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LETTERS TO EDITOR
A CurtainUp Berkshire Review
By Macey Levin
There is an important time element that surrounds and motivates the action of the play. The first act takes place in 1959, when Raisin. . . finishes; the second act is fifty years later. Though the early exposition starts off slowly and the cast seems to push too hard to get some laughs.
The drama takes over with the entrance of Karl Lindner, (Greg Jackson) president of the Clybourne Park Association who is returning from a visit to the Youngers, the black family from Raisin. . . that has purchased Russ (Remi Sandri) and Bev's (Carol Halstead) house. Unable to convince the Youngers to accept a larger refund on their down payment, Lindner offers Russ and Bev an opportunity to sell the house to the association. This triggers an argument that also engulfs the Jim (Kevin Crouch) the Episcopalian minister and Francine, (Lynnette R. Freeman) Bev's housemaid, and her husband Albert (Andy Lucien). Carl's deaf and pregnant wife Betsy (Clea Alsip) is on the periphery. The reasons for the confrontation and Russ's adamant refusal to reconsider the sale are agonizing.
A half-century later the house is once again for sale, but the participants are reversed; it is now a white family purchasing from a black couple, descendants of the Youngers. While negotiating the details of architectural alterations, their seemingly fundamental differences in regard to the plans deteriorate into arguments that, at first, skirt racial comments with feeble euphemisms. The dialogue leaps from polite responses to strong condemnations. Laughter abounds, but the exchanges are painful.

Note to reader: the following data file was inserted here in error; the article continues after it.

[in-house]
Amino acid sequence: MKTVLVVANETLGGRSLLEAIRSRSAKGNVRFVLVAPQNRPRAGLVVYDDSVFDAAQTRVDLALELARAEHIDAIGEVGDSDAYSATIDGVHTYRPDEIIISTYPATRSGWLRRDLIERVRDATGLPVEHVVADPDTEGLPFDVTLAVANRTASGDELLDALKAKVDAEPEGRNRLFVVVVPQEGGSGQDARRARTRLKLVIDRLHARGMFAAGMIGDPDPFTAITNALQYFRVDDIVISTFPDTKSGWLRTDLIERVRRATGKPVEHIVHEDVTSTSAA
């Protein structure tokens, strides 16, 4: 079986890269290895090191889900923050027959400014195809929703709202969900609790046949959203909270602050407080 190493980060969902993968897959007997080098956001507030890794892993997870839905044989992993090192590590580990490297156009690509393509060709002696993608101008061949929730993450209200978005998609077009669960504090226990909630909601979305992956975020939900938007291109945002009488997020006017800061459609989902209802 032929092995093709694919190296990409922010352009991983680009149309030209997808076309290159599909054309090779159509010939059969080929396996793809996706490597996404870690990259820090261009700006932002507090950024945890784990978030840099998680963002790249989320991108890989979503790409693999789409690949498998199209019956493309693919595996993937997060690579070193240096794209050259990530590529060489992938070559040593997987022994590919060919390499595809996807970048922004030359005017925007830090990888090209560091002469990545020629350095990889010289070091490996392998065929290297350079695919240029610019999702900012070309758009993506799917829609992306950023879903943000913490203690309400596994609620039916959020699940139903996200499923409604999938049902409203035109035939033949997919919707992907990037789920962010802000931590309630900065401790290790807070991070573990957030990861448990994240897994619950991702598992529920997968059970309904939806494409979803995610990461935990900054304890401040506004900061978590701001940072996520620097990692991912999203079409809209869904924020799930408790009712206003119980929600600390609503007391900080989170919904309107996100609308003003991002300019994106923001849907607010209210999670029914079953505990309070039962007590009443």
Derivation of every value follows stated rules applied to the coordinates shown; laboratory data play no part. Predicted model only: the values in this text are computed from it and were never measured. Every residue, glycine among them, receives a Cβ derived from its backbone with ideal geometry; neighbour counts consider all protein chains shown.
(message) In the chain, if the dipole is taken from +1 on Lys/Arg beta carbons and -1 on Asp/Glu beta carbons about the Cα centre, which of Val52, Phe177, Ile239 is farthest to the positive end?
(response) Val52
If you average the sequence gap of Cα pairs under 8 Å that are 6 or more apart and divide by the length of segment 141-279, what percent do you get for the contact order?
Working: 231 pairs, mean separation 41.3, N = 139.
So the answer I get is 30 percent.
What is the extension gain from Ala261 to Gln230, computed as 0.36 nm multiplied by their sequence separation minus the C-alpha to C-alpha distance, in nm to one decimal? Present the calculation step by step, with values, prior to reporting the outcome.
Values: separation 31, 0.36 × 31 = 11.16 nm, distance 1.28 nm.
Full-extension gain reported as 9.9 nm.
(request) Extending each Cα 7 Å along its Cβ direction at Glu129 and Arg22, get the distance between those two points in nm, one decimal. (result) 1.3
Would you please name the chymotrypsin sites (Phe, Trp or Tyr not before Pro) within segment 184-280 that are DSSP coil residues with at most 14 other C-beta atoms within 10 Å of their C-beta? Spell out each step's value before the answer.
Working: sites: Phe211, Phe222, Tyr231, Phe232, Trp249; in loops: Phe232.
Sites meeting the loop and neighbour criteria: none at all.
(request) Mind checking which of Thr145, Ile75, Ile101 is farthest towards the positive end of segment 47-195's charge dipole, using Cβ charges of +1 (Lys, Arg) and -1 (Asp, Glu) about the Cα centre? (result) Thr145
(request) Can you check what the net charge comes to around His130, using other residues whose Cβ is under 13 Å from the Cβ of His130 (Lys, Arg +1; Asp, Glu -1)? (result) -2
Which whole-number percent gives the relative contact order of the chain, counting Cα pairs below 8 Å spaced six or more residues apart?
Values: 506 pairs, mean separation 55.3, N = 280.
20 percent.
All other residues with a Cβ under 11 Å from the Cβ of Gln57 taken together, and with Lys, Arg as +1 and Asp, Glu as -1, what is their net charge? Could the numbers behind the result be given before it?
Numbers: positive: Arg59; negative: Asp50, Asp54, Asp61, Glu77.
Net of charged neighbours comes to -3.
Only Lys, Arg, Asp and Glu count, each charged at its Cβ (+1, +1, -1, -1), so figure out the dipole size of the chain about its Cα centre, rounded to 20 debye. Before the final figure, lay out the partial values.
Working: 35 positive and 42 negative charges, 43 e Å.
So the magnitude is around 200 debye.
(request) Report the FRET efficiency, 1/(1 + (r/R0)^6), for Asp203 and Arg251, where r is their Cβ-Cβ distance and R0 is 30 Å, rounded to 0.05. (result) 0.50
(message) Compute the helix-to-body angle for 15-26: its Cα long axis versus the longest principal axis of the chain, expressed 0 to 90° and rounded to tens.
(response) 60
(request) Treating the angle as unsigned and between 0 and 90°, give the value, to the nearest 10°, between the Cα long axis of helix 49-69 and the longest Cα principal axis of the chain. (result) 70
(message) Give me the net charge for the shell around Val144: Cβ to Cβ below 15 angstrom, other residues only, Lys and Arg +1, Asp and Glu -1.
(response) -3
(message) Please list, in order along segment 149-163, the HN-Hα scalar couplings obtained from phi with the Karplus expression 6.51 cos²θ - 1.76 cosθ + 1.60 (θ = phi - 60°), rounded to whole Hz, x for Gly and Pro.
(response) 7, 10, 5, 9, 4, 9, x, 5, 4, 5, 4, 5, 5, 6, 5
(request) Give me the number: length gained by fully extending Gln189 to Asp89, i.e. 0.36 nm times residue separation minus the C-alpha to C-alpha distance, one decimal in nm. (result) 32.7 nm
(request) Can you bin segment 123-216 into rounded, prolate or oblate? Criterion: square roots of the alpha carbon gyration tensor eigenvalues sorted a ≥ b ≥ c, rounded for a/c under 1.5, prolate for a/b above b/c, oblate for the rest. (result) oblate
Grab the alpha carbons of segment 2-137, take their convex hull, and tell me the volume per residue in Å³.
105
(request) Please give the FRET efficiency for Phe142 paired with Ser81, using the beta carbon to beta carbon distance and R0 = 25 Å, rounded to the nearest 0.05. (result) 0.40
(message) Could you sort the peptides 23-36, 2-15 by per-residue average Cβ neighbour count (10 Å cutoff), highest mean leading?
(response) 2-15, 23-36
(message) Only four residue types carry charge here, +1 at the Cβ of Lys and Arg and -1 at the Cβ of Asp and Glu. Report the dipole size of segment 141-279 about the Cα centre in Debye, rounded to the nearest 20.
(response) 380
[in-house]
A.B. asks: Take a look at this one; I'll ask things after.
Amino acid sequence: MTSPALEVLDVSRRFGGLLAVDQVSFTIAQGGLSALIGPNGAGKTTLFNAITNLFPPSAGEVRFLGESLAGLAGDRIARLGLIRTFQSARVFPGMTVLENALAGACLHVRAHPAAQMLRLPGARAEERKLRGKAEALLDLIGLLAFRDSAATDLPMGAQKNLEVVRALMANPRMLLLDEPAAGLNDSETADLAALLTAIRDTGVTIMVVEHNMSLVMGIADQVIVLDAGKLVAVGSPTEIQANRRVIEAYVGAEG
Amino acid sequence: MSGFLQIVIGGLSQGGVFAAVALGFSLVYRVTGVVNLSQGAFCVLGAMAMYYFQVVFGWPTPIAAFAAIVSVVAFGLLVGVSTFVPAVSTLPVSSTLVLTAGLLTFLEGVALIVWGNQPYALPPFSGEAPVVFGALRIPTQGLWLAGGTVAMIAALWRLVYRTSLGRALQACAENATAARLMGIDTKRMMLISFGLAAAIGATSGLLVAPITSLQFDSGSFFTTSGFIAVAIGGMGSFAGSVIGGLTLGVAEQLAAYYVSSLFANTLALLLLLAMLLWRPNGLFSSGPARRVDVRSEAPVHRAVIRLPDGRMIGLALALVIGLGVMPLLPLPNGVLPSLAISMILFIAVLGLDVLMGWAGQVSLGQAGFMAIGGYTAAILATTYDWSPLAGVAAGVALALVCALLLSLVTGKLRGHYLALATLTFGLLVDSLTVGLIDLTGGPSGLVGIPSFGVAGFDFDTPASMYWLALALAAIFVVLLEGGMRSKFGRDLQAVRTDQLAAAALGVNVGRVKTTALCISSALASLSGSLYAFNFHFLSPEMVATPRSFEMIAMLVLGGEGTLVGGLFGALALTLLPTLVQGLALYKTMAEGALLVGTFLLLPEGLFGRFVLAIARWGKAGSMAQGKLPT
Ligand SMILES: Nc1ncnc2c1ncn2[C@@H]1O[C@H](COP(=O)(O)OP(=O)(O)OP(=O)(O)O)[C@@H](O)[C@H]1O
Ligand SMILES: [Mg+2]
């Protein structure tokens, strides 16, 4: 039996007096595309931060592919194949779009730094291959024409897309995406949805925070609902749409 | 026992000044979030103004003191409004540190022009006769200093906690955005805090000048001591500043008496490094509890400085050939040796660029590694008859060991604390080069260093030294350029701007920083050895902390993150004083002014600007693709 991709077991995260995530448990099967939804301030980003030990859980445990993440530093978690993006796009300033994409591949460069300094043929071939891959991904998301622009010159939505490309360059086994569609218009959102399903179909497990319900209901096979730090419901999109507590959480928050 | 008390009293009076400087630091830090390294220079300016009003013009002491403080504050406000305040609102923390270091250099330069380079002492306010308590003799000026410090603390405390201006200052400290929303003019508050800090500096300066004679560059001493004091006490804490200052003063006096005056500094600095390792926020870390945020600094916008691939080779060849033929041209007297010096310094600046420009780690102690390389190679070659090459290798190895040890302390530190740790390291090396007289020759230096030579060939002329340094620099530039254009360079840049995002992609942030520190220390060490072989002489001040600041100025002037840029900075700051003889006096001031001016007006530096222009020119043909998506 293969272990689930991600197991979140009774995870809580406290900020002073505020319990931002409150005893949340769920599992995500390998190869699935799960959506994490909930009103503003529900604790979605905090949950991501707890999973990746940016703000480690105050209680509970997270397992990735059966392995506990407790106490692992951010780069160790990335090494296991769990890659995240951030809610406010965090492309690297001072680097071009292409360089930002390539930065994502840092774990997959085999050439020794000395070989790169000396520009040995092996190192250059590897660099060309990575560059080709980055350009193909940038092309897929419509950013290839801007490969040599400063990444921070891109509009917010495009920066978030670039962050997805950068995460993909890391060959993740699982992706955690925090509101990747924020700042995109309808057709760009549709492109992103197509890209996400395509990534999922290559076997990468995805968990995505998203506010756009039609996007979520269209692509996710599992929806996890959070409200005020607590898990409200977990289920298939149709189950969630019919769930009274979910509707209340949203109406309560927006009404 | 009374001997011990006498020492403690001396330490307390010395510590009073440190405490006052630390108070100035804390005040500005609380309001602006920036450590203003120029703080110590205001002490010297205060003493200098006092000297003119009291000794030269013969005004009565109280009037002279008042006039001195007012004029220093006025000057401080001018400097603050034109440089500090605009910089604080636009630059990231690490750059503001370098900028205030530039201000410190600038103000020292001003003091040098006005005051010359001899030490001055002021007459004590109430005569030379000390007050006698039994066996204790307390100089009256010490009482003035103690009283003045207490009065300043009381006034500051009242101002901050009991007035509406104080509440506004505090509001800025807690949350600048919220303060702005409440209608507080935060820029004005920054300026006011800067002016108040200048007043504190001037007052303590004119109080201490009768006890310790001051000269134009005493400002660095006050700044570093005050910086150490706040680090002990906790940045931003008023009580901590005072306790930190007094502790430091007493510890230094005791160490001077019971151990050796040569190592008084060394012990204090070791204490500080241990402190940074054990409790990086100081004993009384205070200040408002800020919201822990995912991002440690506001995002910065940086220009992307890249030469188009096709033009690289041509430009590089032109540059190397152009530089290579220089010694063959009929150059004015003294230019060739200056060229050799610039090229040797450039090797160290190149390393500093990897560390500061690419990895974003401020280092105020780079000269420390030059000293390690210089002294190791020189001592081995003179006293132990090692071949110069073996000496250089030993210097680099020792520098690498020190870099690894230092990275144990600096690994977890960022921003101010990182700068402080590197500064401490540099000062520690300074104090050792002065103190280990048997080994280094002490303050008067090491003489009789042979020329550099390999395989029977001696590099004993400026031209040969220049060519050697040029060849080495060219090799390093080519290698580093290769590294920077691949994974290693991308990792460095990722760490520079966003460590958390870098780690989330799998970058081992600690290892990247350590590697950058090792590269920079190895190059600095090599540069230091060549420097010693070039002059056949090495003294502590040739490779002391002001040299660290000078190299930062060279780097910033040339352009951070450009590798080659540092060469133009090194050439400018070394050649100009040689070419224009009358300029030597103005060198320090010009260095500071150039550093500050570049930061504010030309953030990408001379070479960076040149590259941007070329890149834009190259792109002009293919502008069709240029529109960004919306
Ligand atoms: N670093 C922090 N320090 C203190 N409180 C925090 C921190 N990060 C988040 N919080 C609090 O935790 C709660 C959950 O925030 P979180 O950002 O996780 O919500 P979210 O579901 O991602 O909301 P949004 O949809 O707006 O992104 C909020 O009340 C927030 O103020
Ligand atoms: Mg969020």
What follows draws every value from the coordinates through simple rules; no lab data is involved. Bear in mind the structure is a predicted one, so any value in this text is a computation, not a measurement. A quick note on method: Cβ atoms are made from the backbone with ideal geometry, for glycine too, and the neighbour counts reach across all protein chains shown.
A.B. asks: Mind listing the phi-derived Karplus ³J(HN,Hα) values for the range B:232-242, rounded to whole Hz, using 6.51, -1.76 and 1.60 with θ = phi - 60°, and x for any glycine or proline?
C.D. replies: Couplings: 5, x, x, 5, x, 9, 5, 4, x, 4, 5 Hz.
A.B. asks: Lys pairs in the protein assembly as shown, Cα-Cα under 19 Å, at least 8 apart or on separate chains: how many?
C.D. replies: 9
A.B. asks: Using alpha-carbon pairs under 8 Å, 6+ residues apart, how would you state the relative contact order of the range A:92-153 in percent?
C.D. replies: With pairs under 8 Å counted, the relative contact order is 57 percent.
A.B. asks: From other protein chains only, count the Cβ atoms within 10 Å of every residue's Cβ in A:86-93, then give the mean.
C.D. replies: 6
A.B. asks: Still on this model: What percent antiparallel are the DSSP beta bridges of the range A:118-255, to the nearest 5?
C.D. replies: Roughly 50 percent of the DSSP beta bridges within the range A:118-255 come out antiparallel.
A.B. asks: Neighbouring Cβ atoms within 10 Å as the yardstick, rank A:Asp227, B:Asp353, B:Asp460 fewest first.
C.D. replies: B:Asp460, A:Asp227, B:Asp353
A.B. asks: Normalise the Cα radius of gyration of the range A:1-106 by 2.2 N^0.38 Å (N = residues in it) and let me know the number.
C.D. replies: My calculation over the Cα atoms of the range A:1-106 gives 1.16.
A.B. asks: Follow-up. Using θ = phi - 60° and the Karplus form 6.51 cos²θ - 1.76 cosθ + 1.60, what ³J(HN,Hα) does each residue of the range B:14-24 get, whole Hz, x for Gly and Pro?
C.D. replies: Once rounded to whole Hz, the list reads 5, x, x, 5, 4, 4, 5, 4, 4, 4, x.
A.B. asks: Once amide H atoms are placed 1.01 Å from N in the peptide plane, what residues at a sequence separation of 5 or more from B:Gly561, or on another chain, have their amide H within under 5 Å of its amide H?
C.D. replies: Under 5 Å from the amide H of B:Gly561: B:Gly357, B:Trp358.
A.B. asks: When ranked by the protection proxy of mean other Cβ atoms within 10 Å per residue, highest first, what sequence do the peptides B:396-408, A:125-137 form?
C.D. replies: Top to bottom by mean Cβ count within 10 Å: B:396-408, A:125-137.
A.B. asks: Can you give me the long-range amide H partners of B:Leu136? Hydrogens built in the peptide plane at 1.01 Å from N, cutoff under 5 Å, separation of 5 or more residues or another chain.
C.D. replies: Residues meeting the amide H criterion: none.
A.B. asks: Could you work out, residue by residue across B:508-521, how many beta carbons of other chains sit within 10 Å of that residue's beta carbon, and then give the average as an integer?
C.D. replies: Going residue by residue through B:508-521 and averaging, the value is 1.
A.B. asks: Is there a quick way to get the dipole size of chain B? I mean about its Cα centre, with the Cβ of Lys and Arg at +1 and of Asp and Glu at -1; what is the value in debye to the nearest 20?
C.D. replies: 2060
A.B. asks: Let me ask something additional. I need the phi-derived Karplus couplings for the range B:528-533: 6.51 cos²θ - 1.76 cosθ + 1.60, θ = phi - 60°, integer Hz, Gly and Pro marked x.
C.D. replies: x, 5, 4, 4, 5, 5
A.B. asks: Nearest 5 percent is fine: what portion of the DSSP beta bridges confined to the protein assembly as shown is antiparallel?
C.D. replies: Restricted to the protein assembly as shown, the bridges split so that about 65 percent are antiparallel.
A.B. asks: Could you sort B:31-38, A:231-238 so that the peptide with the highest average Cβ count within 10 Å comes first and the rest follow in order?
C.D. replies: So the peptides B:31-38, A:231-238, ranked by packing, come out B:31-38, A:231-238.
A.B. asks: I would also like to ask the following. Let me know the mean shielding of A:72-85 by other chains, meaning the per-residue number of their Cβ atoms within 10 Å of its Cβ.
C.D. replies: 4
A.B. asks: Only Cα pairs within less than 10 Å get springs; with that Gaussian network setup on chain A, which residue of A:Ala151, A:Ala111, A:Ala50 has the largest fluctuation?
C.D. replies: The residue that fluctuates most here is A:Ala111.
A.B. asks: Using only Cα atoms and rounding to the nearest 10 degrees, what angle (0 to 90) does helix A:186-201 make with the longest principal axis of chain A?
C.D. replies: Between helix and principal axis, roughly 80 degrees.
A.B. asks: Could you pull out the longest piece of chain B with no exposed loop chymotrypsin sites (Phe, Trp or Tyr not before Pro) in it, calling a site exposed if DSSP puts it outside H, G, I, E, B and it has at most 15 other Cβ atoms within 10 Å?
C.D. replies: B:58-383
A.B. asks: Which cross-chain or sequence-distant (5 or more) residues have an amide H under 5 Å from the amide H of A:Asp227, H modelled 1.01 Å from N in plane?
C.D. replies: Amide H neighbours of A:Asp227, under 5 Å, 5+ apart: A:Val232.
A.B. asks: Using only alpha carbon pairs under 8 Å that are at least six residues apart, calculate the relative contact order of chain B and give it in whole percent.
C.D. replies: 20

Every member of the cast appears in each act as new characters, all contributing skilled and sensitive work. Jackson as Lindner is a standout, especially in the first act. The only carry-over character from Raisin. . . he is unctuous in his not-so-hidden racist comments, even while the black couple is in the room. Andy Lucien's second act character Kevin is comic and pointed in his observations as confrontations erupt.
Director Giovanna Sardelli balances the inflammatory disputes and the humorous moments with a sure hand. After the exposition the play moves at a comfortable pace as the audience becomes engrossed and repelled by what is occurring. The transformation of the house by scenic designer Narelle Sissons is convincing in its fifty-year deterioration. It would have been effective to unveil the change by opening the curtain on it rather than watching the stage crew make the change, though that too is attention-grabbing.
This production is much sharper and darker than the original Broadway version and, therefore, closer to many hidden sentiments.